In our “Ask a kidney stone doctor” section, we field questions from stone formers or their family members. Today’s question is about cystinuria. See other questions and answers or ask your own question here.
October 11, 2011
Question from the UK:
“How common is it for a patient with homozygous cystinurea to never form a stone?”
Cystinuria is a rare cause of kidney stones overall, accounting for 1-2% or less of all stones. In children however, it accounts for up to 6-8% of stones. It is caused by a defect in the transport of amino acids across the cellular membrane of the renal proximal tubule and small intestine. Cystinuria is an inherited disorder.
Because of the relative rarity of cystinuria, there is limited reliable, long term data on the risk of stones. A review of the literature found the following:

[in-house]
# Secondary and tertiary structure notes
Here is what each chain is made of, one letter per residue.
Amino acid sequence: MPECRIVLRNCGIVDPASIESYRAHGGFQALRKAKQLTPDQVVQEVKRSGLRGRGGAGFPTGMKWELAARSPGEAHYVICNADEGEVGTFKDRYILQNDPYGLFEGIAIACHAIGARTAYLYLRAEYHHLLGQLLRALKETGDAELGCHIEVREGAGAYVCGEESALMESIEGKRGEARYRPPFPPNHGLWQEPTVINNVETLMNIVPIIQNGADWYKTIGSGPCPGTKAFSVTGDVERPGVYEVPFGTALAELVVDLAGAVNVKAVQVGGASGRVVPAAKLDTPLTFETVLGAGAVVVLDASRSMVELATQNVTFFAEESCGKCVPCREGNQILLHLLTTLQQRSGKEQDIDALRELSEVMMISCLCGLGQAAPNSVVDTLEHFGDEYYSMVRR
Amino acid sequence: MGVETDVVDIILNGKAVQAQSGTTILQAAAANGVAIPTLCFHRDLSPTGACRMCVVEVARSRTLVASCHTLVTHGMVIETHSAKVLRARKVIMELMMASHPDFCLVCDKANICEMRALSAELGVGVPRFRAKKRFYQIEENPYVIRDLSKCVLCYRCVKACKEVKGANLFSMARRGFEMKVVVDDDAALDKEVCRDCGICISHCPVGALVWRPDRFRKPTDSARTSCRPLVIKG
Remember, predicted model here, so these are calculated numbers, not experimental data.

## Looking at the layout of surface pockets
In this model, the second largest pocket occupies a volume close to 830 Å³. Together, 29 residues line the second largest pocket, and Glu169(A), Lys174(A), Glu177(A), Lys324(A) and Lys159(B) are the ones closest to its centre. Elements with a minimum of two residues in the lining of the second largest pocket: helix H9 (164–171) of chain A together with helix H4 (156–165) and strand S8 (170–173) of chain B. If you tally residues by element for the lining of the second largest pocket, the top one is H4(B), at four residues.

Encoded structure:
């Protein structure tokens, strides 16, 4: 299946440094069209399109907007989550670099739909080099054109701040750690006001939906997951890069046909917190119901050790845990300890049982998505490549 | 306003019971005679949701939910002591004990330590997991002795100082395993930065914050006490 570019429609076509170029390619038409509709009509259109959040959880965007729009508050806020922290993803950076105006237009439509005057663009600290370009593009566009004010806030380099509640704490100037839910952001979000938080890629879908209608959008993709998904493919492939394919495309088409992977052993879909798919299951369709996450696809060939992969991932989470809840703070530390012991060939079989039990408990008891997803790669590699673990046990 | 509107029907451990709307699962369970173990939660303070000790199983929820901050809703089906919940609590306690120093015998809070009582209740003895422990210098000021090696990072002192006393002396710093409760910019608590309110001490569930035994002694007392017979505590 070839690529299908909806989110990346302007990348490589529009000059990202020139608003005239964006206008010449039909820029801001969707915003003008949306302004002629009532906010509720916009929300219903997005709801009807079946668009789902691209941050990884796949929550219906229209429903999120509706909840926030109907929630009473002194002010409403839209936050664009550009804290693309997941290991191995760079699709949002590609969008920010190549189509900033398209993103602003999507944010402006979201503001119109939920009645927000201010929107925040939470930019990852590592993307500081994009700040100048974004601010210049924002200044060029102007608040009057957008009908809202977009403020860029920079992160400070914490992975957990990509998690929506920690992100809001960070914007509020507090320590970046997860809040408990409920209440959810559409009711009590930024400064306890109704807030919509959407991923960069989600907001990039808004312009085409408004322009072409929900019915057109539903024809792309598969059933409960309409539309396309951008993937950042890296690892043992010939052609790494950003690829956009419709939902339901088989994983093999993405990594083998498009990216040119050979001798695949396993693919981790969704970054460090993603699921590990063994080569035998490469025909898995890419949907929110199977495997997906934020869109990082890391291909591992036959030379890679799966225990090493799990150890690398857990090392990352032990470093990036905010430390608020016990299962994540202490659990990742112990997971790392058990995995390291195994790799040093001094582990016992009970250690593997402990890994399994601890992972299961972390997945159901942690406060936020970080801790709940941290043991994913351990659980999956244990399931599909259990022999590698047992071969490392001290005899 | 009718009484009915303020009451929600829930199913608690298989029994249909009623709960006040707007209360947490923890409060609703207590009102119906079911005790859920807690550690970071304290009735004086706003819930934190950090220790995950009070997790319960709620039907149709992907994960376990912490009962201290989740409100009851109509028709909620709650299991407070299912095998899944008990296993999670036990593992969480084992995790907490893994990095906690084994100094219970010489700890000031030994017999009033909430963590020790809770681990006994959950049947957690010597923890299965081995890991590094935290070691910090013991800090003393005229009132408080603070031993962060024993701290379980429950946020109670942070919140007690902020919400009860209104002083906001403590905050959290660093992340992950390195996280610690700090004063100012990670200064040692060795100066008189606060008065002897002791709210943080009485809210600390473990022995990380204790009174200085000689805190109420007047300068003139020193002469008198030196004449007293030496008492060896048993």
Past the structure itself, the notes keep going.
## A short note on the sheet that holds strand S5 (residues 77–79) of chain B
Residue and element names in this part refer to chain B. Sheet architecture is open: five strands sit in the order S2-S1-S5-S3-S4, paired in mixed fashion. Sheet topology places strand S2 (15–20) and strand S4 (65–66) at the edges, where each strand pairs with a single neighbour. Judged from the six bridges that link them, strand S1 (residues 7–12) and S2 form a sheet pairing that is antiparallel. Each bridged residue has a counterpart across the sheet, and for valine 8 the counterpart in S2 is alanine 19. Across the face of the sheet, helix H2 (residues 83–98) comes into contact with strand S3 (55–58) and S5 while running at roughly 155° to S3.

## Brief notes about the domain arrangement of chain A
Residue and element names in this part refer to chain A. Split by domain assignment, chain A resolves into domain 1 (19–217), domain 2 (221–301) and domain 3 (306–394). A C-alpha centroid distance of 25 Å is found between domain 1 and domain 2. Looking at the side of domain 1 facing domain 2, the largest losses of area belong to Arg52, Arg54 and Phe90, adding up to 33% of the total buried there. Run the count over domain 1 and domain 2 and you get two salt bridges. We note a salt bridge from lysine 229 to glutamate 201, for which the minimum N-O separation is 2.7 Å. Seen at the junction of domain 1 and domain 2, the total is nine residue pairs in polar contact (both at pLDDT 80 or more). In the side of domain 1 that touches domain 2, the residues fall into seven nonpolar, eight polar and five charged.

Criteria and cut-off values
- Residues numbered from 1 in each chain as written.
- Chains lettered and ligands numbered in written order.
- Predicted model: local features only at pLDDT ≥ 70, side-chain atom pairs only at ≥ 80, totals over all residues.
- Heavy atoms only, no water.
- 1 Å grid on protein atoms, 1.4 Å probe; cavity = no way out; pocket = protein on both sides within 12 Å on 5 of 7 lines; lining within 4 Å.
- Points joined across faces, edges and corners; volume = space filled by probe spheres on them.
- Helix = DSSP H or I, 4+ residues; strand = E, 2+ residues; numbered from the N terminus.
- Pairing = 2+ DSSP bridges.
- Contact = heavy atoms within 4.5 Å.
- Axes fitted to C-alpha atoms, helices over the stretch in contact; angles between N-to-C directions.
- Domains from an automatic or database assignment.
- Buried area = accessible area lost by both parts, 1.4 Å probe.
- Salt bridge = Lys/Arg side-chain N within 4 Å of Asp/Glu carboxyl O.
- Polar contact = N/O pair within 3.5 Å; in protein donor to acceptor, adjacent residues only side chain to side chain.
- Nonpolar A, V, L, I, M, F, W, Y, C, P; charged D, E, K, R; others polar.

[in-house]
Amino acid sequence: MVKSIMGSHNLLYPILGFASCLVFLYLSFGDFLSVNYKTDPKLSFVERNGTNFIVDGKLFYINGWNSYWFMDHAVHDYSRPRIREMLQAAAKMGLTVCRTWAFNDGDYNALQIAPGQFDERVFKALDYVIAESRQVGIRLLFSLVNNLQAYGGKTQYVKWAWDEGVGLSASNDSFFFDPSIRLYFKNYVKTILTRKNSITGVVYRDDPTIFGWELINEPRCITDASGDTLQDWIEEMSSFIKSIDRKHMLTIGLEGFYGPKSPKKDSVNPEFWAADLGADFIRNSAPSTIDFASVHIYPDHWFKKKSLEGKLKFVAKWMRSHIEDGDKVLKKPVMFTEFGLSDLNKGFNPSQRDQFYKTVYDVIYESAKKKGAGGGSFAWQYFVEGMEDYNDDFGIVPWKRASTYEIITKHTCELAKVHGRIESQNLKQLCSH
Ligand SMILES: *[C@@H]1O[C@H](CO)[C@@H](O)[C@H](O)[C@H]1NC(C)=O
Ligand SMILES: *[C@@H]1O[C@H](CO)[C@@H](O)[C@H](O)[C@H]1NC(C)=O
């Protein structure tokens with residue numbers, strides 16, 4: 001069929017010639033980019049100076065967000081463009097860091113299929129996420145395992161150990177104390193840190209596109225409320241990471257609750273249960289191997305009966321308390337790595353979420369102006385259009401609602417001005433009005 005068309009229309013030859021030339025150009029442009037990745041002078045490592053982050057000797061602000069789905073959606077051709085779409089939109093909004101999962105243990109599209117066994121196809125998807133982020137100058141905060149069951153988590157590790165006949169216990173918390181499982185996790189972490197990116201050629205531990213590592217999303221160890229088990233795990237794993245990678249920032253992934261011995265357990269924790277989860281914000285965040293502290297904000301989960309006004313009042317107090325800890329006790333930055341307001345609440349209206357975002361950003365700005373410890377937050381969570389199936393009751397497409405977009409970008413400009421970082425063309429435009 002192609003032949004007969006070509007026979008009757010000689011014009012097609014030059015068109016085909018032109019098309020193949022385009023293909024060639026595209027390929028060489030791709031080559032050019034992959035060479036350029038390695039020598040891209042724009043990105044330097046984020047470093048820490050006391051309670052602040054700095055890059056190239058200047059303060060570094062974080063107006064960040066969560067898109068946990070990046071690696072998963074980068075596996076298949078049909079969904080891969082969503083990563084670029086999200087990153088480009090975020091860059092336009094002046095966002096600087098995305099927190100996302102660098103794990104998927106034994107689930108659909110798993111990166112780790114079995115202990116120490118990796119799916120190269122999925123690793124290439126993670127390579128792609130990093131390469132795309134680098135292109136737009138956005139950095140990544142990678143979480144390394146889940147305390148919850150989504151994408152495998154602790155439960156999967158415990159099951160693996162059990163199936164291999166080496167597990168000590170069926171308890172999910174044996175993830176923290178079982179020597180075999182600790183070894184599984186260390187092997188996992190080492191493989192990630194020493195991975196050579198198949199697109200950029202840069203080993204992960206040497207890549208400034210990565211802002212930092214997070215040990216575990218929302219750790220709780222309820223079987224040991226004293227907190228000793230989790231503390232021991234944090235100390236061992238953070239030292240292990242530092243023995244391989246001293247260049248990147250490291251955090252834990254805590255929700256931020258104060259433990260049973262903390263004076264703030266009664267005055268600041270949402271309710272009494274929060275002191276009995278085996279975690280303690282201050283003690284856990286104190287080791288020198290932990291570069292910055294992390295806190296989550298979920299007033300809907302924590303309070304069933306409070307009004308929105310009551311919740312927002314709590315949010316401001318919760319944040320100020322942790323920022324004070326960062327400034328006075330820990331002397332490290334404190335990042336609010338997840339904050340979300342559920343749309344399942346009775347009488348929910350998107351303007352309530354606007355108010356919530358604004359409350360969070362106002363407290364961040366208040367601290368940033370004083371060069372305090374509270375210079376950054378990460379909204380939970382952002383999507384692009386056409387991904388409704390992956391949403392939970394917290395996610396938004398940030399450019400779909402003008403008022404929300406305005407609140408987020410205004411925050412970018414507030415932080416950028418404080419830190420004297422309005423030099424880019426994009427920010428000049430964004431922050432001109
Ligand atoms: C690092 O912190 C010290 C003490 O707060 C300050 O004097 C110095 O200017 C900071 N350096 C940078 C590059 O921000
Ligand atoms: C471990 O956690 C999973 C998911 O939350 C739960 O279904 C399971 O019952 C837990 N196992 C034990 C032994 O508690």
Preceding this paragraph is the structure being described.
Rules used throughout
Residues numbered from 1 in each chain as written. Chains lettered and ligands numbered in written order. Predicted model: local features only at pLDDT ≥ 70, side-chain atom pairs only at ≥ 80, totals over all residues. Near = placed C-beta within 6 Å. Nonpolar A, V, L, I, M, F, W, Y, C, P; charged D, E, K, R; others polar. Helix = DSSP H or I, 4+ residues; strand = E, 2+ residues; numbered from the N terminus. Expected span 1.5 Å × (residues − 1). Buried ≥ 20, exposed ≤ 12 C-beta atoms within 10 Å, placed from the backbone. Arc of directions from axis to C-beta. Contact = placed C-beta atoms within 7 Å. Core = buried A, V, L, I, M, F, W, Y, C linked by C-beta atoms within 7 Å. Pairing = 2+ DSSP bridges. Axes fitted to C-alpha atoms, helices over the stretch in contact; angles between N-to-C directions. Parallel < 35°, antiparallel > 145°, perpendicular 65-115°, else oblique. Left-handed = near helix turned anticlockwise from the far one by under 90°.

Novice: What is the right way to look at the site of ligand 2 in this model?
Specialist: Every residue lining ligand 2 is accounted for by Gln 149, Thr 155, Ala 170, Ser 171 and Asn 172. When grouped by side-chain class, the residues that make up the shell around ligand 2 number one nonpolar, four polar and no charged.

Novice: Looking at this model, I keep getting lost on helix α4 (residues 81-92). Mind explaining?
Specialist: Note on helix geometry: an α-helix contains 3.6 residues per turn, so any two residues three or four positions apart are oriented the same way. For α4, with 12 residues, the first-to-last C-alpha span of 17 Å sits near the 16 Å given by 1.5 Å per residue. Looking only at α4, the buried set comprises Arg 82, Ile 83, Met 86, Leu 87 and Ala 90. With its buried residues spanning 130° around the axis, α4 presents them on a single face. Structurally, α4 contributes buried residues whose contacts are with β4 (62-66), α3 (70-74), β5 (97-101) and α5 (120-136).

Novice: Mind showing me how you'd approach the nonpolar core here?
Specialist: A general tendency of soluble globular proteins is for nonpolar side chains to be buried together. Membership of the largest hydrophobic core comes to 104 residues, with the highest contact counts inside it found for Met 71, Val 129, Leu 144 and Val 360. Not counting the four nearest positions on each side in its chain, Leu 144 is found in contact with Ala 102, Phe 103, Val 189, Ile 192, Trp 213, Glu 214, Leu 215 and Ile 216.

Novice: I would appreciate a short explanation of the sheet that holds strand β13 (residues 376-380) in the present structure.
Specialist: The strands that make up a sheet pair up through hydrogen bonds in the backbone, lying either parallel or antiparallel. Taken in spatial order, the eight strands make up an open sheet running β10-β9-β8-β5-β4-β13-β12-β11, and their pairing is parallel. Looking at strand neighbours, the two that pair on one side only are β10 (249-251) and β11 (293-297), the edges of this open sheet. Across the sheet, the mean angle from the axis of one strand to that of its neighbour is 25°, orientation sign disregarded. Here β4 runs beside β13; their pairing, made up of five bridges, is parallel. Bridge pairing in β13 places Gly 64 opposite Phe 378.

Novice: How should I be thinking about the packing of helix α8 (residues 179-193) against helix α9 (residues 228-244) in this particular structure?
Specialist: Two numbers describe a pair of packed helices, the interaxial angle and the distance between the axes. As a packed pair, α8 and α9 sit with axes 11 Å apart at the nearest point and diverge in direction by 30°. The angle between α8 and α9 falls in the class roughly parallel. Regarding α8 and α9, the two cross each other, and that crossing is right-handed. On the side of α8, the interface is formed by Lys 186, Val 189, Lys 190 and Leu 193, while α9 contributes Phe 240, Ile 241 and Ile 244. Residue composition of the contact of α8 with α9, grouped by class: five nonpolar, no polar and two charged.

Most but not all patients with homozygous cystinuria (carrying two copies of the abnormal gene) appear to develop stones throughout their lifetime. A study by the International Cystinuria Consortium reported that only 6% of individuals with homozygous cystinuria did not produce stones. The age at which individuals first formed stones also varied, with many experiencing stones between 11 and 20 years of age but with some forming stones before the age of 3.
Complicating matters, cystinuria is classified into types A, B, and AB, depending on the specific combination of two known inheritable genes (SLC3A1 and SLC7A9) that can cause the disease. The risk and age of onset of developing stones varies with which type an individual has.
Pathophysiology and Treatment of Cystinuria. Chillaron et al. Nature Reviews Nephrology. 2010.
Cystinuria Subtype and the Risk of Nephrolithiasis. Goodyer et al. Kidney International. 1998.
Before making any medical decisions, always consult with your treating physician.